Make sure you’ve had your afternoon tea before sitting down to enjoy the comically hilarious adventures of Sir Albert Wickes and Clarence Baxter in 39 Days to Mars. Set in the 19th century, you and another (hopefully) bright friend, will travel to Mars on your spaceship. Encountering some obstacles along the way, this puzzle driven adventure game keeps you on your toes as you journey through your house and in the vacuum of space. Although relatively short, 39 Days to Mars has a simple story combined with challenging puzzles but a great experience nonetheless.
Within the first 15 minutes, my friend and I were already stuck on constructing the map, but I appreciated that the game made us work for it. A suitable amount of time passes before a hint is given which leaves room for player growth and understanding. The adventure comes to us from independent developer Philip Buchanan. I was able to join his discord channel and discuss the different aspects of the game. Puzzles, being the main progression method, was the main topic. It was also interesting to see what other people had trouble on as it was always different.
I find that everyone struggles with different puzzles-I guess to do with the way you think about things. It’s made balancing them really difficult!
If you ever played the eerie puzzle centric and narrative driven series Myst growing up then you might see some resemblance from how you progress through the story. The two step process of understanding how things work for a certain puzzle and then understanding what you need to do in order to solve it is something the game does really well.
Where it really shines though is the witty banter between Albert and Clarence. Also, before any puzzle was to be solved atop the ship, Albert always had to have his tea. This is probably the most British game I’ve ever played. Even making tea was a puzzle as I mucked it up plenty of times. The subtle nuances capture the games charming atmosphere.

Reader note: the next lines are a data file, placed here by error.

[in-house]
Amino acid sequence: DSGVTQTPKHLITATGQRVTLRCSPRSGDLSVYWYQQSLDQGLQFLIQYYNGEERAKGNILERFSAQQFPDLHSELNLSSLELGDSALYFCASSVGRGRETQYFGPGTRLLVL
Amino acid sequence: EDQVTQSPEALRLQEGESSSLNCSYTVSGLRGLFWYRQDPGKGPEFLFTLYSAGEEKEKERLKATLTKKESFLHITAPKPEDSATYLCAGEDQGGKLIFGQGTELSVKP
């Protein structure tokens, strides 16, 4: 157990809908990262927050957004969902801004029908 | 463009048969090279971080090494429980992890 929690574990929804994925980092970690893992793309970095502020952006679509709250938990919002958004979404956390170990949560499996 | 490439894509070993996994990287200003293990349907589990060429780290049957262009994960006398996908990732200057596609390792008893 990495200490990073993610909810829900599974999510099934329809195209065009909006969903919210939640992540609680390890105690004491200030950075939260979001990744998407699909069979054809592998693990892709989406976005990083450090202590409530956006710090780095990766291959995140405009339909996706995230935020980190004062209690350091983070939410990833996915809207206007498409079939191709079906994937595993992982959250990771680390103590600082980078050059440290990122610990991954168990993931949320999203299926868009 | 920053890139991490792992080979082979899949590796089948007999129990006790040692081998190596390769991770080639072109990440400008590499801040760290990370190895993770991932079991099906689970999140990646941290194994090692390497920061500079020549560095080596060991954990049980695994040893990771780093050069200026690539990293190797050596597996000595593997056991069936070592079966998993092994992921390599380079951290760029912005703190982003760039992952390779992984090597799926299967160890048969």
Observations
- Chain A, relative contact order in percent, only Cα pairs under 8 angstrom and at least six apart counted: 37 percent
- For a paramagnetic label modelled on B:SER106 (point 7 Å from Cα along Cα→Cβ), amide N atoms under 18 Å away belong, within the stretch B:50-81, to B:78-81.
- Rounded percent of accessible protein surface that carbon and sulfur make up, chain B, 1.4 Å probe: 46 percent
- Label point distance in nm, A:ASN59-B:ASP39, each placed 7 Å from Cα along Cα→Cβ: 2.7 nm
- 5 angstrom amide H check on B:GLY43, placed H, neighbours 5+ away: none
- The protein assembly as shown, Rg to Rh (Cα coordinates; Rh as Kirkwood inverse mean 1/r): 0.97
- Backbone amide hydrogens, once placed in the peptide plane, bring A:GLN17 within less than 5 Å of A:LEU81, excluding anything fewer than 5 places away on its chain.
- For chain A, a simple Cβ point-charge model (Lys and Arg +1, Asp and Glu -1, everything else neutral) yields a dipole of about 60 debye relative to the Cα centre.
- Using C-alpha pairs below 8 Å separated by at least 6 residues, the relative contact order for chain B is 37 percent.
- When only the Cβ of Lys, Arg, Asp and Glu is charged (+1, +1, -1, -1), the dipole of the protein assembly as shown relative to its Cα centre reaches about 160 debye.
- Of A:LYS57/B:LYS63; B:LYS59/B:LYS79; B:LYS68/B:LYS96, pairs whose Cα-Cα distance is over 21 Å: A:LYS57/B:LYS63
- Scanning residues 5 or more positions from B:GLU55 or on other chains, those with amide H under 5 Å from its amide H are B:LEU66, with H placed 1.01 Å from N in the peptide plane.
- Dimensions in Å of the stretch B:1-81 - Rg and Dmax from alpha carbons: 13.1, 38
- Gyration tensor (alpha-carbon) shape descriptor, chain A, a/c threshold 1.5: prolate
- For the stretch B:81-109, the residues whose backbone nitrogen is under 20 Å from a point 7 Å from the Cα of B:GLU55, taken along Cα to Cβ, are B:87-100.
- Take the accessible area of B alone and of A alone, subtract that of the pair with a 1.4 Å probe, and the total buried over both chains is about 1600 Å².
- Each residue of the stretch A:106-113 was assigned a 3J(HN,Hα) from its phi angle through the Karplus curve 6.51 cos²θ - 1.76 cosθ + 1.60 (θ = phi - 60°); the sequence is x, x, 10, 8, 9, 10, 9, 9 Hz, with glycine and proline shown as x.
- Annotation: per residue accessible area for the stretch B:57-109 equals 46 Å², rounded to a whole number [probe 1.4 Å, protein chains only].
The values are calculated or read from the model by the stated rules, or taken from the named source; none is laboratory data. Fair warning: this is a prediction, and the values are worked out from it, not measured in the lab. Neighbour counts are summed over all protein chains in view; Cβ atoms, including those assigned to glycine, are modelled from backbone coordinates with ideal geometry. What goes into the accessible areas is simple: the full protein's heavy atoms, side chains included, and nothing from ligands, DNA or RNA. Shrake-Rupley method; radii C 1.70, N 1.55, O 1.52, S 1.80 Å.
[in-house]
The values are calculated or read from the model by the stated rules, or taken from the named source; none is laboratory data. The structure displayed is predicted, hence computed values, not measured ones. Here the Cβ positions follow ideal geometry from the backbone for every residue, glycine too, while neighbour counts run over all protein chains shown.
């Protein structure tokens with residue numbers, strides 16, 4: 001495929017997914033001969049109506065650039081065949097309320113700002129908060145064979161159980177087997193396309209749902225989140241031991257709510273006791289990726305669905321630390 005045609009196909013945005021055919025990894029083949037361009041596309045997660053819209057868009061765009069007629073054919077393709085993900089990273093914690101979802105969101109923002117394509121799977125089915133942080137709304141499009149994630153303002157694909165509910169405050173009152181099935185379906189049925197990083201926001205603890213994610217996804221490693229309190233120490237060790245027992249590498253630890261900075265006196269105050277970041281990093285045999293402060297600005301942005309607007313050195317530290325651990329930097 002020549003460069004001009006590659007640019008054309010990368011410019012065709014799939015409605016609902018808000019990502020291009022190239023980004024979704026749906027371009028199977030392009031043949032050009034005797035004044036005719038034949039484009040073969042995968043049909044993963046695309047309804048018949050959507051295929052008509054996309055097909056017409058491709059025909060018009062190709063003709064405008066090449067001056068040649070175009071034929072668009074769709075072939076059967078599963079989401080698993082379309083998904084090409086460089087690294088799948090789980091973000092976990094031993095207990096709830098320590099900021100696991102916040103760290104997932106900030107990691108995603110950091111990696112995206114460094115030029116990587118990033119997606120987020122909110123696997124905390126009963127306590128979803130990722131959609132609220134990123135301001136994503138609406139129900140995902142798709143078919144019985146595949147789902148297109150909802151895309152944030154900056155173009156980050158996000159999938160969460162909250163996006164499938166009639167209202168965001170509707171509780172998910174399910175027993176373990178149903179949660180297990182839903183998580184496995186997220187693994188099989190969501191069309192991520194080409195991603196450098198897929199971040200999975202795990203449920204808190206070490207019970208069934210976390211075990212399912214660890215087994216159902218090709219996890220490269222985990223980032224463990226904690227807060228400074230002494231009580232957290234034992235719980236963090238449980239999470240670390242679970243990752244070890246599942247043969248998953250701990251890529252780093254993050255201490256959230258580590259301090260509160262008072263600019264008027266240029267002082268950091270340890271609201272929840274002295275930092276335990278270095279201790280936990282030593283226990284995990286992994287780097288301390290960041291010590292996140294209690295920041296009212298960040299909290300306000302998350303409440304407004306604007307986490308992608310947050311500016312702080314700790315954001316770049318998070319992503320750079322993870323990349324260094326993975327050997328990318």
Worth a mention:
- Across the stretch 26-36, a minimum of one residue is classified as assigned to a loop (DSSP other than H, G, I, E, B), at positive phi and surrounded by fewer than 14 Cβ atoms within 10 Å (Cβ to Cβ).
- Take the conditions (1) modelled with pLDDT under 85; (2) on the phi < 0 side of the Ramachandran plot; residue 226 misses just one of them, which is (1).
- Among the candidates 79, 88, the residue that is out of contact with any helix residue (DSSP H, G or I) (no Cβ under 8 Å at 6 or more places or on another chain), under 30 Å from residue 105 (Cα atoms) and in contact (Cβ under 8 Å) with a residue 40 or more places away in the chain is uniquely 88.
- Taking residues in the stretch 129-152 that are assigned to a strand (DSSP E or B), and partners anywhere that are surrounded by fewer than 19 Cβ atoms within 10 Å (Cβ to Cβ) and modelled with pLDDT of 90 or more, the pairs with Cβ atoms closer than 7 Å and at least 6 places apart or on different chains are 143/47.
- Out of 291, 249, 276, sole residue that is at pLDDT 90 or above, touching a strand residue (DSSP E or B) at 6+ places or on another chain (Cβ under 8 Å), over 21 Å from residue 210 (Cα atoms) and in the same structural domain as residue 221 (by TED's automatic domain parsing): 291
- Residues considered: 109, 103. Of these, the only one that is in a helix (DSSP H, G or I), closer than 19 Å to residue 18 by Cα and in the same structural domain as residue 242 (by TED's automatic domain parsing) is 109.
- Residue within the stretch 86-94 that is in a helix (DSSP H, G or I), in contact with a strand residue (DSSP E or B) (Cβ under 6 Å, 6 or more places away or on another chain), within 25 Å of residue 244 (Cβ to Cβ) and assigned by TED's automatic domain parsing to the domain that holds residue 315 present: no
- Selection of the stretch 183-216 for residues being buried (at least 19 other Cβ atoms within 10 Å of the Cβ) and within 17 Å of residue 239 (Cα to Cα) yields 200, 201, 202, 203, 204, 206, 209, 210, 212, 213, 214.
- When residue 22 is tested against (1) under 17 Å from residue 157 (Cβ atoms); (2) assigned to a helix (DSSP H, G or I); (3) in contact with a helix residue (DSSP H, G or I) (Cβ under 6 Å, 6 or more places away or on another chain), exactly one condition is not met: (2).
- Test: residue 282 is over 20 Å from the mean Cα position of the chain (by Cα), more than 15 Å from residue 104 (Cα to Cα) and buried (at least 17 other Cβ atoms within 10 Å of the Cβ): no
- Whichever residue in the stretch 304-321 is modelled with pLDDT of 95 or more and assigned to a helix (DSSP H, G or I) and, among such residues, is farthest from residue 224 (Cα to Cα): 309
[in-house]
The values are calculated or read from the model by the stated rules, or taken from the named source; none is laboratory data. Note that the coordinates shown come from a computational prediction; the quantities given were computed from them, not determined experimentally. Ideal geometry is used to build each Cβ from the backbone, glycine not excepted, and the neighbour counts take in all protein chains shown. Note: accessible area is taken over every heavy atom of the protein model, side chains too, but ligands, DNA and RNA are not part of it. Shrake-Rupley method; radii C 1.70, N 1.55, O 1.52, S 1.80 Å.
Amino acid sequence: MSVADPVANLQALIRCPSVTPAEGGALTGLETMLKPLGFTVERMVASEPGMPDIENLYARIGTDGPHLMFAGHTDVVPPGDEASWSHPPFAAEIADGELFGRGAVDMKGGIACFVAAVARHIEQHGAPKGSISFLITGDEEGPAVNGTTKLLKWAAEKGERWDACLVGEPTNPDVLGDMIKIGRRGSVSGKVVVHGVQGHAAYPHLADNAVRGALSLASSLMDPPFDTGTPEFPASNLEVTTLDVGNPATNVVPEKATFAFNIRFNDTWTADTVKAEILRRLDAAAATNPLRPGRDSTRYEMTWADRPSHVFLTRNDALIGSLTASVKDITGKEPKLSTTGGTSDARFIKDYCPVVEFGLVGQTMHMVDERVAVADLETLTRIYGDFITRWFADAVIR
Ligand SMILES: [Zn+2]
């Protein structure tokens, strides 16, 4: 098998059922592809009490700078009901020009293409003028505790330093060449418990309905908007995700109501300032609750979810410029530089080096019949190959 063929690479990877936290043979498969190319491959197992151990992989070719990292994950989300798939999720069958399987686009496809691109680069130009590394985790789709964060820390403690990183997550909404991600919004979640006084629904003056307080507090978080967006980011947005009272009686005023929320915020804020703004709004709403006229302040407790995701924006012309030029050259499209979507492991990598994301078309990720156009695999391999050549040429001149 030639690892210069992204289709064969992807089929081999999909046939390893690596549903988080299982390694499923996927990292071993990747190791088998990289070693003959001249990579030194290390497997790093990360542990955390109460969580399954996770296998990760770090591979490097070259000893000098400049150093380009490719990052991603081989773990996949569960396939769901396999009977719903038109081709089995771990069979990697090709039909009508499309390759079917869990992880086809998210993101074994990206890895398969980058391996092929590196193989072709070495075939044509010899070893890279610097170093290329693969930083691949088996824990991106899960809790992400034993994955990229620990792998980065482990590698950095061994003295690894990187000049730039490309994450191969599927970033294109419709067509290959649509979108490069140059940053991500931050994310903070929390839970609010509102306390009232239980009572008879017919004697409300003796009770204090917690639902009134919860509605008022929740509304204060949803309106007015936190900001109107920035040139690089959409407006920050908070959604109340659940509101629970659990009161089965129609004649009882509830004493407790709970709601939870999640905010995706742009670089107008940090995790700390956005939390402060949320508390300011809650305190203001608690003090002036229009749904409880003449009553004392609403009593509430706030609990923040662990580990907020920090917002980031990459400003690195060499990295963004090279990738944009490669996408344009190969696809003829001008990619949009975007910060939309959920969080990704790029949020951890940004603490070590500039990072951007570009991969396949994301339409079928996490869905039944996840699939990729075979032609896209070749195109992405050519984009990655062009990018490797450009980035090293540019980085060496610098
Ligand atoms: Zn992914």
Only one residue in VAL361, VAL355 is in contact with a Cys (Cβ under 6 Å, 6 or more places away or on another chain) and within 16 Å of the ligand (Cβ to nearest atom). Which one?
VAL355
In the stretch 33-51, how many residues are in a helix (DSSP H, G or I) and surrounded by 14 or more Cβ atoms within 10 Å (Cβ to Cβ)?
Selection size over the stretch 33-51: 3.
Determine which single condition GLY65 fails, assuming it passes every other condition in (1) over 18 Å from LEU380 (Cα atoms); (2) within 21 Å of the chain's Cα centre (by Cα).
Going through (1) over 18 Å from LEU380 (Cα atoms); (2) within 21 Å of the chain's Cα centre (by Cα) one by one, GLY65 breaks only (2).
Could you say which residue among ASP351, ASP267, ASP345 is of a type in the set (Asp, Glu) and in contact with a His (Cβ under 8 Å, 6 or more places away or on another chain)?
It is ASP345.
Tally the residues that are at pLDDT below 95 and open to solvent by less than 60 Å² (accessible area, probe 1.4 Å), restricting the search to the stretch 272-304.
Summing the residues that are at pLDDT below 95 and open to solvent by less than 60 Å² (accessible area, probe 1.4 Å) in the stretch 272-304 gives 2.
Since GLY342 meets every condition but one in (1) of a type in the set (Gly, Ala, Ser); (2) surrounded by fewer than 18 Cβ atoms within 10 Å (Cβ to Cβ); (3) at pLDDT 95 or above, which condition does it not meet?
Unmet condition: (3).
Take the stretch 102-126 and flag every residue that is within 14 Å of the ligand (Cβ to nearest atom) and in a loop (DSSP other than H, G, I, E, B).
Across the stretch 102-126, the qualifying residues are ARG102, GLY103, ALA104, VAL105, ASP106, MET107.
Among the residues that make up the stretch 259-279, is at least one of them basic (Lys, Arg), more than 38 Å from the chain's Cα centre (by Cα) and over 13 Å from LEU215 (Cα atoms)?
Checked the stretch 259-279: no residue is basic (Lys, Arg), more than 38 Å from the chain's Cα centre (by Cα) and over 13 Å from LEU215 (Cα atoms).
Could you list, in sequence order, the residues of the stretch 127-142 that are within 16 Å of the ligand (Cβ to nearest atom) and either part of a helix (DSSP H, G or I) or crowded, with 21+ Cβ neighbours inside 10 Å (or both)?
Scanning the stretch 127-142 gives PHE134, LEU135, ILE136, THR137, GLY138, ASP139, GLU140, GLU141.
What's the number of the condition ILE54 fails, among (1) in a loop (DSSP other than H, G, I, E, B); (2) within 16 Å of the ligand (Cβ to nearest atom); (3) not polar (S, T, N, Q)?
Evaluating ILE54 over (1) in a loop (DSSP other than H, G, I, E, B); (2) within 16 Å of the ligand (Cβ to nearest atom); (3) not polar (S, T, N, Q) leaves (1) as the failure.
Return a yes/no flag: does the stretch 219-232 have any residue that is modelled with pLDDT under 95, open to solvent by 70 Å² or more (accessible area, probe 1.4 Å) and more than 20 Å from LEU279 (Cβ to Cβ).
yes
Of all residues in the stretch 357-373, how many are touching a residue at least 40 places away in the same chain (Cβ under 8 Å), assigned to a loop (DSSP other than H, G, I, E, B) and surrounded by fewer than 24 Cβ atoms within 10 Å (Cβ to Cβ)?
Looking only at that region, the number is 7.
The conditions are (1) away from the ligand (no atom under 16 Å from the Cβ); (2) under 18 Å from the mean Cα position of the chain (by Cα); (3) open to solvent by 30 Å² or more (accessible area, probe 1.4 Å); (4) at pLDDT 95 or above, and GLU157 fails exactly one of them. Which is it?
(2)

Drawing inspiration from the steampunk era, the 2-D hand drawn sketches have depth and character with dark tones to contrast the lit background. When problems arise in the ship, your eye is drawn to them by darker tones. During the process, Philip played with different ideas so as to make the ship aesthetically easy to look at and identify what you need to do.
Playing with colour grading and using different lighting could be a way to slit up areas of the ship and draw the eye to the current problem.
Having only played through it once, I’m sure there is more to explore and discover. I ended up crash landing on Mars after a cascade of failures on my friends part. I’m perfect. He messed everything up. That being said I know there are at least two more endings, maybe more! All of this is accompanied by jaunty piano music that transports the player to another space. See what I did there? Like I said before, the game is relatively short if you were to play it in one sitting, around an hour or more if you really take your time and are quick to solve puzzles. Although, this is the perfect duration for a game like this.
39 Days to Mars is available on steam for $12.00 if you feel so inclined. This has been another edition of my article series, Indie Spotlight, and a worthy addition at that. Challenging puzzles, unique art style, and the simplistic nature of the story are all inviting qualities of this game. My only wish is for more exploration once on Mars. Who knows? Maybe in the future we’ll get to see our two bold adventurers encounter some martians. Until next time!